I rolled mine so thick that they bordered on shortbread. I was happy that we chose such a small cookie cutter, since they are so rich, but I'm happy I made them so formidable. I still had no idea, even as they baked, what I was going to do to decorate them. I was remembering the painstakingly painted sugar cookies I saw at Dean & Deluca the first time E and I went to New York. They were $10 a piece. I remember thinking as I stared at a mountain of cookies in every conceivable color that someone would likely come in and purchase a dozen. They were impressive, and obviously left an imprint on my mind - a vision that I still have no real desire to attack personally.

As I began pulling the cookies out of the oven, a strange thing happened. The trains turned into something else. For the life of me, I could only see Pachucos. My mind raced to see how in the world I could come up with natural black food colorant so I could ink in fedoras and faint mustaches, suit coats and white ties.

There he is: El Pachuco

Then I realized, that I do have a theme, and it is school related. In college, I was fortunate to have one really great drawing teacher. I'm not so into drawing really, but as it turns out, I have a gift for talking my way into being a good artist of sorts. I found that at our critique sessions that followed each assignment, I could wiggle my way into having a passable piece of art, and it's funny that I ended up liking whatever it was that I concocted a whole lot more after the fact. I had no idea what I was going to say going in to it, but I was able to defend myself and my work with tenacious, lawyer like prowess.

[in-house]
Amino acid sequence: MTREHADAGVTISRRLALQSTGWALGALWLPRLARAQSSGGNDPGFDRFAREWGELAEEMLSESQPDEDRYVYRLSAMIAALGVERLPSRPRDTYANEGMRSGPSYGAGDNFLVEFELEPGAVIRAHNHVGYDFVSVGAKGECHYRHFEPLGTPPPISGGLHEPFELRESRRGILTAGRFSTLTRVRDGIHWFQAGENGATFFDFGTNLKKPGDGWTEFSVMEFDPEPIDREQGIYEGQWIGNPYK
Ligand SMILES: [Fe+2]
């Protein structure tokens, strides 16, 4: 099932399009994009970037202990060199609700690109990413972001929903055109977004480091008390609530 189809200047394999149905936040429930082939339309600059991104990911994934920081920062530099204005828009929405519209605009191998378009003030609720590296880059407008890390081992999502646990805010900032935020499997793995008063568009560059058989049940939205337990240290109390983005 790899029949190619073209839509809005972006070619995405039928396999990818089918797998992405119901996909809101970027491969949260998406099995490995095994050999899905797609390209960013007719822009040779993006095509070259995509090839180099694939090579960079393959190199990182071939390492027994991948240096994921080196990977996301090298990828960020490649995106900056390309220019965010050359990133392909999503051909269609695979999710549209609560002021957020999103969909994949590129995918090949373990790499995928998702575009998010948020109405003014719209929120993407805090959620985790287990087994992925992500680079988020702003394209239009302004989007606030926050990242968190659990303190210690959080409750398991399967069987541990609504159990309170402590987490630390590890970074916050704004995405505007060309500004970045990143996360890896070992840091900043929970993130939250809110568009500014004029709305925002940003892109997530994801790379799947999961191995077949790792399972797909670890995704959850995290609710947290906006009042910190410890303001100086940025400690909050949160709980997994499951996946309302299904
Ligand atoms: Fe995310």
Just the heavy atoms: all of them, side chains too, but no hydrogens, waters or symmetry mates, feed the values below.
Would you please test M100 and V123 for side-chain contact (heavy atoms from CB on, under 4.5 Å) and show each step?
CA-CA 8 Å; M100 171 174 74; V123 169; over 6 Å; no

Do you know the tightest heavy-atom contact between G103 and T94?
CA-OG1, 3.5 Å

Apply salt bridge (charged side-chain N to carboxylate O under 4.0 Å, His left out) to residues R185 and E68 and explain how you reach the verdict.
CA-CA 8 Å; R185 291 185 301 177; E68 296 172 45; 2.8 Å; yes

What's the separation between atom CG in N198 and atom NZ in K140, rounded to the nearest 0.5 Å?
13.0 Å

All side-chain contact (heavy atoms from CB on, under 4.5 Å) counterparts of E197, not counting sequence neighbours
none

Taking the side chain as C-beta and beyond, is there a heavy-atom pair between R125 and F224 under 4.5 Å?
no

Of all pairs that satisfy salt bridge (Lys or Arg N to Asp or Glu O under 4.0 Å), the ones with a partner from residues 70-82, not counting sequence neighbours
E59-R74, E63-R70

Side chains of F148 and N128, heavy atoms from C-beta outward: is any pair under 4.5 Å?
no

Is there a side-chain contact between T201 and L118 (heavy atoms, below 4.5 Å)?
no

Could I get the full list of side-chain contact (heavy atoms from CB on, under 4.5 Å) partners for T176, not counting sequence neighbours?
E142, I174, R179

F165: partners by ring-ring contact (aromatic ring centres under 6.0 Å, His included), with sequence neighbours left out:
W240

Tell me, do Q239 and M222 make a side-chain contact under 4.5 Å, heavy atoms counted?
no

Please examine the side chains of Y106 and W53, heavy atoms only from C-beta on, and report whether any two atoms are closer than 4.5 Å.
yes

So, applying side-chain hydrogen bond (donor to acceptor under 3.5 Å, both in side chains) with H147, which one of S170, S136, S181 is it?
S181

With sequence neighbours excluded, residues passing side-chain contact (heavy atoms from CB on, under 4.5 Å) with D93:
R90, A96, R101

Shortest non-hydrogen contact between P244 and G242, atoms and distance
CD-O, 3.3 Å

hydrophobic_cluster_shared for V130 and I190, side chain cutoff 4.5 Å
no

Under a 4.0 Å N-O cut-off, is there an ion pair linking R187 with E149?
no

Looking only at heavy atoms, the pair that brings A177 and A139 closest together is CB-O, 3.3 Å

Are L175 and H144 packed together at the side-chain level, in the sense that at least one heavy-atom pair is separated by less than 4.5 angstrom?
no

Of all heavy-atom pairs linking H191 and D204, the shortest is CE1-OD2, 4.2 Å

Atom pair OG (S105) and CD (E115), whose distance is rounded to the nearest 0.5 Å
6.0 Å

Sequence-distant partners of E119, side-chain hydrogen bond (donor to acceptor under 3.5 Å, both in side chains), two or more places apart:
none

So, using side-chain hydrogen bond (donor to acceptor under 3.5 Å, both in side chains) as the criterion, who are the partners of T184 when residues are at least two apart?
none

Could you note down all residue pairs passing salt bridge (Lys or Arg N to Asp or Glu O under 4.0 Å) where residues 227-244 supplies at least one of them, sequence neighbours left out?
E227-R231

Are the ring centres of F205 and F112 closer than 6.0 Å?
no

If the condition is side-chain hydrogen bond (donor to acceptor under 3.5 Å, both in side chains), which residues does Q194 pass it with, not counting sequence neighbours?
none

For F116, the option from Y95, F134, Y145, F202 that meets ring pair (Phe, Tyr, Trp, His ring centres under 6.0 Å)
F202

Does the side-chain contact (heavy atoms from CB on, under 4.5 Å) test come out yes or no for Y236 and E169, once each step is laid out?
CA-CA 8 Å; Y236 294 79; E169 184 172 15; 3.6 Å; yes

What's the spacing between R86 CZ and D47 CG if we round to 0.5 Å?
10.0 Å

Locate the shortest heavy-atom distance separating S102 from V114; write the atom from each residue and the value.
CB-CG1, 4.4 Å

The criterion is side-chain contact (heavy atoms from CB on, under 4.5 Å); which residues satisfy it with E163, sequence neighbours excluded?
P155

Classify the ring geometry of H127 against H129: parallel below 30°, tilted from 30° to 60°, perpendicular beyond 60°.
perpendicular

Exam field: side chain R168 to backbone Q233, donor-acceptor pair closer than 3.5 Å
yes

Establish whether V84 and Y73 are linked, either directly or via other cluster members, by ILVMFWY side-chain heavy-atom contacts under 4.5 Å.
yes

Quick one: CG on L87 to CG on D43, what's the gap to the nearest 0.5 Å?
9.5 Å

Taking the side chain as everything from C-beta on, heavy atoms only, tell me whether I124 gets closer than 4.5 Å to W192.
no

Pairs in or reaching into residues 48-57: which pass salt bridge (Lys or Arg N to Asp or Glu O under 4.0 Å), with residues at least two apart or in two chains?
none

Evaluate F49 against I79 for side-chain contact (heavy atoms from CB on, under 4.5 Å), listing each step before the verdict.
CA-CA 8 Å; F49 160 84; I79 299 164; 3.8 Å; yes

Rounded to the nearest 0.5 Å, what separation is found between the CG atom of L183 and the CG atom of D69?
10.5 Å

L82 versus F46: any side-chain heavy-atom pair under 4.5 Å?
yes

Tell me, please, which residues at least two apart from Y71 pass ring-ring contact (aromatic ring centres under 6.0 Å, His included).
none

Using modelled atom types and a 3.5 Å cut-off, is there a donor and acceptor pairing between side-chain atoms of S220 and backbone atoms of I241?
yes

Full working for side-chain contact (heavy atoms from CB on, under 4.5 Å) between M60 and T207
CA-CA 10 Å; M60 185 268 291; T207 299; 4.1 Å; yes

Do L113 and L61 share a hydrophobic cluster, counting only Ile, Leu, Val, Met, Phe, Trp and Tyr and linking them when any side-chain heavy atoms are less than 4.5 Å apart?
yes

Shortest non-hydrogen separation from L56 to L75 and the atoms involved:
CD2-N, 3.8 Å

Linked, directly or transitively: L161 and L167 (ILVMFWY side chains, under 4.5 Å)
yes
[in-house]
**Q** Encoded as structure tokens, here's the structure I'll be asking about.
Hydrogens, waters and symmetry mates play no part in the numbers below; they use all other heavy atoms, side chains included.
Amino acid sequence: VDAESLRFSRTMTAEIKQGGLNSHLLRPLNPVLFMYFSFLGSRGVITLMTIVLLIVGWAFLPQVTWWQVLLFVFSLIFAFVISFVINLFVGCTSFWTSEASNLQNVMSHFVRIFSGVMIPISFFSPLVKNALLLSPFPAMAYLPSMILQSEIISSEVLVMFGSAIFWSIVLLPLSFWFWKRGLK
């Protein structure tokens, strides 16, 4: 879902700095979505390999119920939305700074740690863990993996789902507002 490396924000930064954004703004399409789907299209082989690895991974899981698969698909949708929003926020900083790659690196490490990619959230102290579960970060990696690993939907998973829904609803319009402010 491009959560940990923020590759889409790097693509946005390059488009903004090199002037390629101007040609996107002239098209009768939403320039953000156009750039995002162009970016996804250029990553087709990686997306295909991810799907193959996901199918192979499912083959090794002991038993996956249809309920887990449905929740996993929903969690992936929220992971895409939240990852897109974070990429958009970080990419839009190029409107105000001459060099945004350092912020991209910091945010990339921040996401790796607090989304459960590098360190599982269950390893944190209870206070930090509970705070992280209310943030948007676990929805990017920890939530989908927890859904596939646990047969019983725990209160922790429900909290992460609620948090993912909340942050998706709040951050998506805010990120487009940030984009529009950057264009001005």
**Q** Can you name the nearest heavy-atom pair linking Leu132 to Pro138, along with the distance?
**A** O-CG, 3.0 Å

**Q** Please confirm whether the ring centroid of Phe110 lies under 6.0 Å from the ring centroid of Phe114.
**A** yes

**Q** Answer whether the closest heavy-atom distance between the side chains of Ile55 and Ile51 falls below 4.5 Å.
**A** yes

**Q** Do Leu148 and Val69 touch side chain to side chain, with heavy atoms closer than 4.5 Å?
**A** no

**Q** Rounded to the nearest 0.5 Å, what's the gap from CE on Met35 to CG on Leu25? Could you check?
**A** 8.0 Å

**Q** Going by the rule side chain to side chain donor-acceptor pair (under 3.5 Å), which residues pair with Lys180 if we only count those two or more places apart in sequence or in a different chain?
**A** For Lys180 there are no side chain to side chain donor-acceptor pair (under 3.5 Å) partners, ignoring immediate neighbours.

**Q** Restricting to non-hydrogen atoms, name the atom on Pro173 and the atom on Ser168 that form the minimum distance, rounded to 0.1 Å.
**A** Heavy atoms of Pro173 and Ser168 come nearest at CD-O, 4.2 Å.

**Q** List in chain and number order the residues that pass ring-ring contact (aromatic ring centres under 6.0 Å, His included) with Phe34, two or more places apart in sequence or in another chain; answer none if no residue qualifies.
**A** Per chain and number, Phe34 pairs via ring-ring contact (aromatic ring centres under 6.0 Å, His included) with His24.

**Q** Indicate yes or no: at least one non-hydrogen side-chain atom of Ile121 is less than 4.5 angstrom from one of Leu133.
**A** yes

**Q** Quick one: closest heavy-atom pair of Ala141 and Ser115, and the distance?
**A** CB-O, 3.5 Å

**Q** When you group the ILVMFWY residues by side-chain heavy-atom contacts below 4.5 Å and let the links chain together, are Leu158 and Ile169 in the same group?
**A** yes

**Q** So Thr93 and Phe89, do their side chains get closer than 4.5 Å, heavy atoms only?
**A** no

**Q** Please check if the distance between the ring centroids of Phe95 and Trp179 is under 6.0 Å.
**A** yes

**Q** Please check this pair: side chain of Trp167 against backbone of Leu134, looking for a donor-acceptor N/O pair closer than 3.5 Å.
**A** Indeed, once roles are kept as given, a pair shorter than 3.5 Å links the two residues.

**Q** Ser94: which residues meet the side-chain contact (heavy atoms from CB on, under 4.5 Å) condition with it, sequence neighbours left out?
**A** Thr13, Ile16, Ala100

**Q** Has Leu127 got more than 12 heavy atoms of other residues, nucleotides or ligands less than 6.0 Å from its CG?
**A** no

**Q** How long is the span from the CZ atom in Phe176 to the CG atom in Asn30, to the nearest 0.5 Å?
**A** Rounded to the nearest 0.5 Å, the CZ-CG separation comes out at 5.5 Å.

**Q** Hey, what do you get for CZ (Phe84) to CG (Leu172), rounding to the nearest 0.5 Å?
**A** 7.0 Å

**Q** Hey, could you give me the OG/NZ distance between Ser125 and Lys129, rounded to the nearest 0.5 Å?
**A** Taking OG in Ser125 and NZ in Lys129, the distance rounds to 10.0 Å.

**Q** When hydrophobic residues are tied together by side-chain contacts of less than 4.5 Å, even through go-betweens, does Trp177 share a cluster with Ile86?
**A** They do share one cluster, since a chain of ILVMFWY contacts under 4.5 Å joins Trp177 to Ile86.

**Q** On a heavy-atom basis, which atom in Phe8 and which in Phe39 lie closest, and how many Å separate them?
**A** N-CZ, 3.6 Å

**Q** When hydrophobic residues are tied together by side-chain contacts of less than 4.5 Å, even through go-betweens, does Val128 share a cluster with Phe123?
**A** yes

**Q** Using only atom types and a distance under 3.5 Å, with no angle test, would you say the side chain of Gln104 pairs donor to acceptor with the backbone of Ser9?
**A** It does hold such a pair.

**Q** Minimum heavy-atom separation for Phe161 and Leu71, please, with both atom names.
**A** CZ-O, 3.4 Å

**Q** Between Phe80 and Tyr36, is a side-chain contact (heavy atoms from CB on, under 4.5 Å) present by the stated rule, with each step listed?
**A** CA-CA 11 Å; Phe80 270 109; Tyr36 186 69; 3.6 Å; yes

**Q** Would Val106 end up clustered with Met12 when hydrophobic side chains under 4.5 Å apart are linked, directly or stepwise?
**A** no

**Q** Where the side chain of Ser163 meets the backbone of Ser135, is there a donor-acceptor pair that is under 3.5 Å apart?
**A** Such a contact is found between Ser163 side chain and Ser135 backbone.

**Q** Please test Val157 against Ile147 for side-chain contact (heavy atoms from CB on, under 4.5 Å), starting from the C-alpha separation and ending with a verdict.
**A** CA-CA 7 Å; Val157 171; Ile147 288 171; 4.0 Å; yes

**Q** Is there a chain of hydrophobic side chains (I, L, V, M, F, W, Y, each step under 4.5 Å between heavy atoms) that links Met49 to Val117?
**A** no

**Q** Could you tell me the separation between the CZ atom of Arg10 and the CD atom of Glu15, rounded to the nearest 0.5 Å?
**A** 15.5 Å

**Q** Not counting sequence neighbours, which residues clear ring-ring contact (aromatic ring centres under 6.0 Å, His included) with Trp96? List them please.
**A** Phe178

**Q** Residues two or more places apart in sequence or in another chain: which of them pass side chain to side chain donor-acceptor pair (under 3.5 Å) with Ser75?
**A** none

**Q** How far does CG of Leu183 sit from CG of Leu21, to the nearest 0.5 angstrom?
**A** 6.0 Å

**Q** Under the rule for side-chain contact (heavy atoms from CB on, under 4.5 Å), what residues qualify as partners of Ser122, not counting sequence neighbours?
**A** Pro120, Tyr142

So, peering over my cooling cookies, my head filling up with drawings of zoot suits and baggy trousers, I figured that in my own way, I did accomplish my Daring Baker Challenge - even without putting icing on the cookie. These cookies last without frosting for a good 30 days, and I have a fridge with 3 kinds of leftover frostings and a good amount of Dorie Greenspan's chocolate pastry cream. Dorie's pastry cream on top of these cookies is probably the most decadent and butter/egg laden thing you could consume, but it would also be one of the most opulent cookies ever to make the journey down to your belly. Fully worthy in my book of $10 each, even if not beautiful drawn upon.

I realized this month that I wish I could have a bakeshop where I could draw pachucos on cookies for hours at a time if I felt like it. Maybe I wouldn't feel guilty about colarants and I could make them any color I wanted. I ask you, where have you ever seen a lucha libre pachuco cookie? And, one that tastes as good as this one did? I can promise you if CakeWalk ever opens it's doors, this cookie will be on the shelves: